Goal-line technology could be seen at a major competition as early as December if it is approved by the International FA board next week.
Sources from the board say that two systems, Hawk-Eye and GoalRef, are certain to get the green light after they passed numerous scientific tests, and could be in place in Japan when Chelsea play in the FIFA Club World Cup at the end of the year.
It will bring to an end the long-running debate over whether football should be altered to judge whether the ball has crossed the line, which has attracted differing views from all corners of the game.
But the IFAB are expected to stress that the systems must only be used as an "aid to the referee" rather than the "ultimate decision-maker" - the referee will still be able to overrule.
The revelation comes after FIFA president Sepp Blatter called for the introduction of technology in the wake of the 'goal-that-never-was' for Ukraine against England at Euro 2012.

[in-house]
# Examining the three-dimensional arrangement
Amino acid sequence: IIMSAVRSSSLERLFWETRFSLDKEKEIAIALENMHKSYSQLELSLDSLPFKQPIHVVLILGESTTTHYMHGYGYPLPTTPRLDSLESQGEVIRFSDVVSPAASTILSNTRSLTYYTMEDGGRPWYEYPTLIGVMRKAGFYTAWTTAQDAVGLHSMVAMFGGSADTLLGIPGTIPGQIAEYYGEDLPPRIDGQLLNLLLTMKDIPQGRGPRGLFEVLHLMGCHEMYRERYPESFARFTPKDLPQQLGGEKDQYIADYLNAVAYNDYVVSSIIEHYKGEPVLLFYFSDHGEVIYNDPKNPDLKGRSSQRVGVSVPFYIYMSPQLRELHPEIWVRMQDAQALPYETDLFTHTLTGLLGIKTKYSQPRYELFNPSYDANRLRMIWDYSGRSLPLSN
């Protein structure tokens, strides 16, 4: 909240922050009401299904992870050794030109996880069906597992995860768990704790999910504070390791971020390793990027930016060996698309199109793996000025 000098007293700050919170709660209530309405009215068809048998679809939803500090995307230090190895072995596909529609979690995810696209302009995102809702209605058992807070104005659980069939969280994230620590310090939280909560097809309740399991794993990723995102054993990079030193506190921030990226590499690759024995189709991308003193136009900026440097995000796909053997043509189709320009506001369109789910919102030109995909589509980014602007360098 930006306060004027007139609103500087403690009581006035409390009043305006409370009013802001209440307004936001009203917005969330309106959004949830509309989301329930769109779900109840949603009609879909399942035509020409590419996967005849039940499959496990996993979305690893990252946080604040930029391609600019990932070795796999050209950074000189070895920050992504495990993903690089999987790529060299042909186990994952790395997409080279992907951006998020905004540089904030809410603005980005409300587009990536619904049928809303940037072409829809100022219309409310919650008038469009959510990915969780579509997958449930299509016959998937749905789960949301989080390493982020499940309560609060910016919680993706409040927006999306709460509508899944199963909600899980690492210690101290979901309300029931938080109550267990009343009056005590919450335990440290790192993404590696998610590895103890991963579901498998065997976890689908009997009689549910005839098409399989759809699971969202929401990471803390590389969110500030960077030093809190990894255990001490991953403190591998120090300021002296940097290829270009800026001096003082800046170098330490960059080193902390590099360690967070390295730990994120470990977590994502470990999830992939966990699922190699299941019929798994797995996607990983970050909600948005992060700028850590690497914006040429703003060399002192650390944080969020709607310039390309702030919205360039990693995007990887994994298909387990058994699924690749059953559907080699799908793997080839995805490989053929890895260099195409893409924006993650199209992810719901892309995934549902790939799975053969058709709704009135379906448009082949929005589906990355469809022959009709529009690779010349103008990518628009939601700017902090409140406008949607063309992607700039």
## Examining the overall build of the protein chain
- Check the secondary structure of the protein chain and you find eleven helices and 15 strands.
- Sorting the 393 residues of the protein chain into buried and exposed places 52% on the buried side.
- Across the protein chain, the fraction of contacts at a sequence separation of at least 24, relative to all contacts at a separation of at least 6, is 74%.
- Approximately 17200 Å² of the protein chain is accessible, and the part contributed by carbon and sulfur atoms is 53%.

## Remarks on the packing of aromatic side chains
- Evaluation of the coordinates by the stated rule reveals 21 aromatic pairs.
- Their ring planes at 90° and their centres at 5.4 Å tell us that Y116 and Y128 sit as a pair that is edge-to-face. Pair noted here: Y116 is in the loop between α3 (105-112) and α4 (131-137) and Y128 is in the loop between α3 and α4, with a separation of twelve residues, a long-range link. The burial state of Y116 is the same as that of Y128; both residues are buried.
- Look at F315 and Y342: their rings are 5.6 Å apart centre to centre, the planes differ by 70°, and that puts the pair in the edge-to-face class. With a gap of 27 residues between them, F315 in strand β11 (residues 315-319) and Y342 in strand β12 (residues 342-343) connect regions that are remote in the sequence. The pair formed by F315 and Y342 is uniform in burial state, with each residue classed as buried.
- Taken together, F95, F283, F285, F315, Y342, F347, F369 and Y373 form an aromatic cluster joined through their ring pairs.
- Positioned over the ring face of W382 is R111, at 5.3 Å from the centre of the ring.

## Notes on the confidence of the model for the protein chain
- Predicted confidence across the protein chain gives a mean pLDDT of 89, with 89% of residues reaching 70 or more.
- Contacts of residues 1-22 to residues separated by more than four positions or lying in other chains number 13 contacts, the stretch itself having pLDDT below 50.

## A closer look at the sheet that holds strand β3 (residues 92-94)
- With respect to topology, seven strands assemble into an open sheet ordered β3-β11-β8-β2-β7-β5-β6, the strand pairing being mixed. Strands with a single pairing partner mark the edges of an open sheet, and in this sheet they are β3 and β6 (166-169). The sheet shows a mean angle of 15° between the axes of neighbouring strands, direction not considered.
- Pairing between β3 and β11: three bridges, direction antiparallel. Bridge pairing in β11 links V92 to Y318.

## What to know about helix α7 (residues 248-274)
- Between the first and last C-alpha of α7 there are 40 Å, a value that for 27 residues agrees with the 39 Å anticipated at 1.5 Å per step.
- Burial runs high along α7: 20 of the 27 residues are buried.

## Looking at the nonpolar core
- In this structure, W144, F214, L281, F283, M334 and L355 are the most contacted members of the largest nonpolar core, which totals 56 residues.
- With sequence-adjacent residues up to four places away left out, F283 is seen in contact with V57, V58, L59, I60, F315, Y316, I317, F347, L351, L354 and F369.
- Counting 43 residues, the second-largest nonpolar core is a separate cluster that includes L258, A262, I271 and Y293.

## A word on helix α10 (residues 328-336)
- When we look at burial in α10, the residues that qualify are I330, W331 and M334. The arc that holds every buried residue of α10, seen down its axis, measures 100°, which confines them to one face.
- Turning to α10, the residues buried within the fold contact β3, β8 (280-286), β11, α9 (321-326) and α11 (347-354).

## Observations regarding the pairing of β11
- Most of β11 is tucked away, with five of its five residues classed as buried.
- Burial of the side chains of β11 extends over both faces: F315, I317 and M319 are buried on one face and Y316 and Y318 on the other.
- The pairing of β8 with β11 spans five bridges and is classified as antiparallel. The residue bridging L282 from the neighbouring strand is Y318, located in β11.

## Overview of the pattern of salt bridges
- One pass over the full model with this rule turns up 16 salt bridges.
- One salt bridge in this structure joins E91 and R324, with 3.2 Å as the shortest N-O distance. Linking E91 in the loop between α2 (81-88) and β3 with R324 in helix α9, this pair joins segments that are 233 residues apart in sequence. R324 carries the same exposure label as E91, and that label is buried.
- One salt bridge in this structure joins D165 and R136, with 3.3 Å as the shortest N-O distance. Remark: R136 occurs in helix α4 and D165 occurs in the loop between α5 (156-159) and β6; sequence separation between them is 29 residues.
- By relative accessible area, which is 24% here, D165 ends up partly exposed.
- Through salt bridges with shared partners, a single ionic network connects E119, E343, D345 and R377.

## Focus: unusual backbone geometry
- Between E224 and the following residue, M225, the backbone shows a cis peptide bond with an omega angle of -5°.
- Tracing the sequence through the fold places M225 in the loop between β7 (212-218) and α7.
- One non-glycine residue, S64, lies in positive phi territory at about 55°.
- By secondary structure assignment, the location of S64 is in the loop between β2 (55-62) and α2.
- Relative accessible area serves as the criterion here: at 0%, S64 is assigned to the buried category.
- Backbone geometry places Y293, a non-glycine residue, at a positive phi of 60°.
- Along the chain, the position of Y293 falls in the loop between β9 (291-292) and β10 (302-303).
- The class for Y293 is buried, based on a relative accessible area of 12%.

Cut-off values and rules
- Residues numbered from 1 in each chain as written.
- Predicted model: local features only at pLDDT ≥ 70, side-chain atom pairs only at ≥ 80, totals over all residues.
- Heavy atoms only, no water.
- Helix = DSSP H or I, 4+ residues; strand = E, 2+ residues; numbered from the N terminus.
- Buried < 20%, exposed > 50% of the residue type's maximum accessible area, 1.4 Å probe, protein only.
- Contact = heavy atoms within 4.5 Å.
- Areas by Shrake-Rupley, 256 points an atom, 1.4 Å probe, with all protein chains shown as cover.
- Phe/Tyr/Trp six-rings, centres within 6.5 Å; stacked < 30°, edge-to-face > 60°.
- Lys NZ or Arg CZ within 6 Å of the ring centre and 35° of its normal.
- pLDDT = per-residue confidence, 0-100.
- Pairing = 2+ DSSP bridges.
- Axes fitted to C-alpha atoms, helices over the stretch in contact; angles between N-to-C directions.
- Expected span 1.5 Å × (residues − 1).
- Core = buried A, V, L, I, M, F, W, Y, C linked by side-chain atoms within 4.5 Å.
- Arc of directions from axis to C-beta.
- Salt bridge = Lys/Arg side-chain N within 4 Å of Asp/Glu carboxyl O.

But the decision will come as a blow to Michel Platini, who has maintained his stance that changing the game in this way would be an 'historical mistake'.
He has continued to back the use of extra officials rather than machines to make the decision.
But, with the not allowed goal in Donetsk taking place with Platini's fifth official standing just yards away, looking along the line, it became obvious that human error would always be a possibility.
Now HawkEye, which uses cameras, and GoalRef, which uses magnetic fields, look set to become integral parts of the game as soon as they are licensed, installed and tested.
The systems will need gain six votes from the IFAB to be accepted, with FIFA having four and the home nations having one vote each.